Friday, August 17, 2012

Who in the World is Narrating this Story?


You want your readers to get to know your characters. That’s crucial for establishing a reader-main character connection. If that connection is not there, your reader might not continue reading.
But you can’t make a laundry list of who your character is. No one wants to sit through even a paragraph of: Character A loves the color green, has an irrational fear of puppies, and not so secretly wishes her sister would clean her half of the room. Bored yet?
In my last post, I mentioned using details to show things about the characters. But how do you do that?
Think about the color green. What is your reaction to someone giving you a green shirt? If green is your absolute favorite color, you’d see it and be excited. If you loathe green like no other color, you’d note it and perhaps be annoyed. If you are completely indifferent to the color green, then you might not even think about the color.
Or with puppies. Someone who is deathly afraid of puppies will describe a great dane puppy galloping towards them entirely different from someone who adores dogs. With that detail and how you describe it, you wouldn’t necessarily even have to tell the reader that Character A is scared of dogs. If the reader sees the sharp toothed, glinty eyed beast charging and the character nearly peeing themselves, then they know that Character A is scared of dogs.
In my last post, I asked if you should describe tattered, stained carpets. How would the carpet be described by the following characters:
A young couple walking into the house they just bought.
A little kid who has lived there his entire life.
A frazzled mother whose in-laws are coming over in an hour.
A hostage.
Each of these characters would describe the same tattered, stained carpets entirely different. I’m not completely certain the kid would even notice or describe the carpets unless a. the stains were shaped like Mickey Mouse or b. In the very very recent past, they caused one of the stains.
Any other thoughts on letting the details work to show your readers your characters?
Happy writing!

Wednesday, August 15, 2012

Lessons from Angry Birds: Details


How many details do you put in your novel? Do you describe the textured walls or leave that out? What about the tattered, stained carpets?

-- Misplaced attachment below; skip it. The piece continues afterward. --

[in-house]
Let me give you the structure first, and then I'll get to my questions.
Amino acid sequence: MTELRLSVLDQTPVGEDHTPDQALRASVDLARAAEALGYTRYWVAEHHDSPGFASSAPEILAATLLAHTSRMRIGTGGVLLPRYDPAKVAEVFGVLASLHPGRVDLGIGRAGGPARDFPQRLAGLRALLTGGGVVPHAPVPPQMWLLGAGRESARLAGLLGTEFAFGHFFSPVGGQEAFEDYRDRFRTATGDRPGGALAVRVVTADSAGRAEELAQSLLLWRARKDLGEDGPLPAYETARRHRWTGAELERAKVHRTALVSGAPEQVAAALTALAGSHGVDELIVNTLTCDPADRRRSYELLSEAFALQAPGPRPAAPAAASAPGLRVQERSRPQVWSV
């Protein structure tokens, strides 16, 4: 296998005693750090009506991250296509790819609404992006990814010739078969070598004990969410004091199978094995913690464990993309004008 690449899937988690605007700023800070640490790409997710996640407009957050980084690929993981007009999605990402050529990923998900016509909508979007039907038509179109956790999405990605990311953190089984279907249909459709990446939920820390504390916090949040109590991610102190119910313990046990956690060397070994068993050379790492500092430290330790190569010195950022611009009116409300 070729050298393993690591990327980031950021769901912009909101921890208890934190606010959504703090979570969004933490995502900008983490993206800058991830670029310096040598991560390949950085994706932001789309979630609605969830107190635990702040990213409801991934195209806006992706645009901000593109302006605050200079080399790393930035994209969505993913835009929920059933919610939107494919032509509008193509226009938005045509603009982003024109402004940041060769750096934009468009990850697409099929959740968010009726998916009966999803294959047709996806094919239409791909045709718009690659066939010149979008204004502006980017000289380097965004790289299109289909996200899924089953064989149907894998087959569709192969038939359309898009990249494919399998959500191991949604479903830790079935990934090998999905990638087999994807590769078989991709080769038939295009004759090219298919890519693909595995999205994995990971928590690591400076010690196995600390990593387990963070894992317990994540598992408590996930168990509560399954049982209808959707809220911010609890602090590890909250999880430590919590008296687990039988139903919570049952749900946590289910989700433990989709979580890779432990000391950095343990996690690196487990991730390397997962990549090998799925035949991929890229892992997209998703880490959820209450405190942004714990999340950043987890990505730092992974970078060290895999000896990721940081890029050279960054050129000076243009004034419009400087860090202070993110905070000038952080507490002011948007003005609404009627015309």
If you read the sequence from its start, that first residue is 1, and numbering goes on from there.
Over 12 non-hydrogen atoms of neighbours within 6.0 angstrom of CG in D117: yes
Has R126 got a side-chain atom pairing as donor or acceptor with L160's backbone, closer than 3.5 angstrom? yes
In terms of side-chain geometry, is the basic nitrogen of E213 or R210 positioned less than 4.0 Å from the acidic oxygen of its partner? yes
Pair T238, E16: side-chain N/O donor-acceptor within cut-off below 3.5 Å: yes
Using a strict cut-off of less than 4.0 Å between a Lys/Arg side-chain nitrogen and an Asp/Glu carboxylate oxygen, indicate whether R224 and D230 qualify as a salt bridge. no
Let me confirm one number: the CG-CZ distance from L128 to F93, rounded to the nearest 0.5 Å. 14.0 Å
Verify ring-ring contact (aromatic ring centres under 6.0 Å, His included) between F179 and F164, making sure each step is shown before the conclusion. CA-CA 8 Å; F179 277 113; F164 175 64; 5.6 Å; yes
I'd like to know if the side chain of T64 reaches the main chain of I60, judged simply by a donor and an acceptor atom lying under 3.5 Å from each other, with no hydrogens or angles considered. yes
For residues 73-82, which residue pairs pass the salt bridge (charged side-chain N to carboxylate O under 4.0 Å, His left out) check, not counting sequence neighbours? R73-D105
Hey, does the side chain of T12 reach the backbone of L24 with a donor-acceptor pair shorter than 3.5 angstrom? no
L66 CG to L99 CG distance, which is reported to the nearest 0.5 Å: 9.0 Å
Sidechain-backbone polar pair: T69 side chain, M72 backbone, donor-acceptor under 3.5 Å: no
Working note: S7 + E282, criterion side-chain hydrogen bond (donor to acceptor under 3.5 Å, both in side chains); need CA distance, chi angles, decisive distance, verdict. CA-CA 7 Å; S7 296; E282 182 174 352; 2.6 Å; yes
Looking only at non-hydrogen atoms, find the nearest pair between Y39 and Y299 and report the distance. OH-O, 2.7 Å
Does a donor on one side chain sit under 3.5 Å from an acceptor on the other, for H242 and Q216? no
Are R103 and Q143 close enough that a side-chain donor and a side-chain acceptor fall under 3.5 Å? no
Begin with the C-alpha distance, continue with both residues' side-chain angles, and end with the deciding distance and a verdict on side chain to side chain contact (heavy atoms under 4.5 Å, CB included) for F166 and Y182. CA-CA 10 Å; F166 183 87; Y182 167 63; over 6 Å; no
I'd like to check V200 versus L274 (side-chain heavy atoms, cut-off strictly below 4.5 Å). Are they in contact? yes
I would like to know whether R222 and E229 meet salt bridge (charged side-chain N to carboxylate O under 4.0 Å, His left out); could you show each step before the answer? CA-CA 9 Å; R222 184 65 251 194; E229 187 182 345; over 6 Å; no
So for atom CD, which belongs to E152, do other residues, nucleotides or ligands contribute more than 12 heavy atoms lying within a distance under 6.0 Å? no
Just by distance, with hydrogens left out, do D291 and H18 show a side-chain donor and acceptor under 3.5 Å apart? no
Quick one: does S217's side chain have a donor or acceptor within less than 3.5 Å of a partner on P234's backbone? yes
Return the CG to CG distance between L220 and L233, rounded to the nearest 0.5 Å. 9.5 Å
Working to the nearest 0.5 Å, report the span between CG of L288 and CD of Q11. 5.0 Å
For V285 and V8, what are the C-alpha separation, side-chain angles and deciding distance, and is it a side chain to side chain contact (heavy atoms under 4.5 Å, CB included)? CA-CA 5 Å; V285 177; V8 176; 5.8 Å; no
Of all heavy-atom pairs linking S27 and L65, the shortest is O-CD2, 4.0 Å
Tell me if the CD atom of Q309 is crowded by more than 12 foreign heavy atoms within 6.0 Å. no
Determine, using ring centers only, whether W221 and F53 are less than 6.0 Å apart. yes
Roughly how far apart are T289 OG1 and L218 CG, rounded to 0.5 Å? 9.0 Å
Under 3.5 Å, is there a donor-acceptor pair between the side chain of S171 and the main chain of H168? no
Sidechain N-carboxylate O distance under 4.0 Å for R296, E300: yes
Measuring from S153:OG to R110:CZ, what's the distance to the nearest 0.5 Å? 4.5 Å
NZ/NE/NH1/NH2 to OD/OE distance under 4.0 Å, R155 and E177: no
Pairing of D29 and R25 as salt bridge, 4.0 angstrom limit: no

No reader wants to spend page after page reading about the room, but then again, they also don’t want to feel like they are in a white box with nothing around the characters.
Details give the reader a sense of where the characters are. The way you describe things can show things about the characters based on what they observe and how they describe it.
But how much is too much and how much is not enough?
The answer can be found in Angry Birds. If you’ve ever played the game (or even just seen the game), you’ll notice that the birds don’t have any wings. That would seem to be a crucial detail that is missing. They’re birds after all!
But really, they have slingshots. Are the wings necessary?
And that is the answer to how much detail to add.
Put in only what you need. If something isn’t doing work for your story, then you don’t need it. Meaning, if the description isn’t showing the reader something important that they need to know about the setting or showing them insight into your character, then it isn’t doing anything for you.
In Angry Birds, the wings aren’t needed. The birds have a slingshot to fly. Nothing changes about the game because the birds don’t have wings. It isn’t important.
So remember with details, put in only what you need and make sure it is doing work for your story.
Happy writing.

Monday, August 13, 2012

Where in the Heck Have I Been?


Wowzers! It has been forever since I blogged. Hmmm . . .  well, partly I’ve been busy and partly I’ve been lazy. It happens to the best of bloggers. (At least, I’m hoping it happens to the best of us. I’m not alone here, right? Right?).
So what do you do when you fall off of the blogging horse?
Silly question really. You get back on.
Oh and don’t be too hard on yourself. Think of all the other things you accomplished, whether it’s in your personal life or in your writing you’ve gotten a lot done.
For me during my blogging hiatus, I’ve managed to write a whole new book and edited Bonded two more times.
But I’m back to blogging now. What you been up to since I was gone?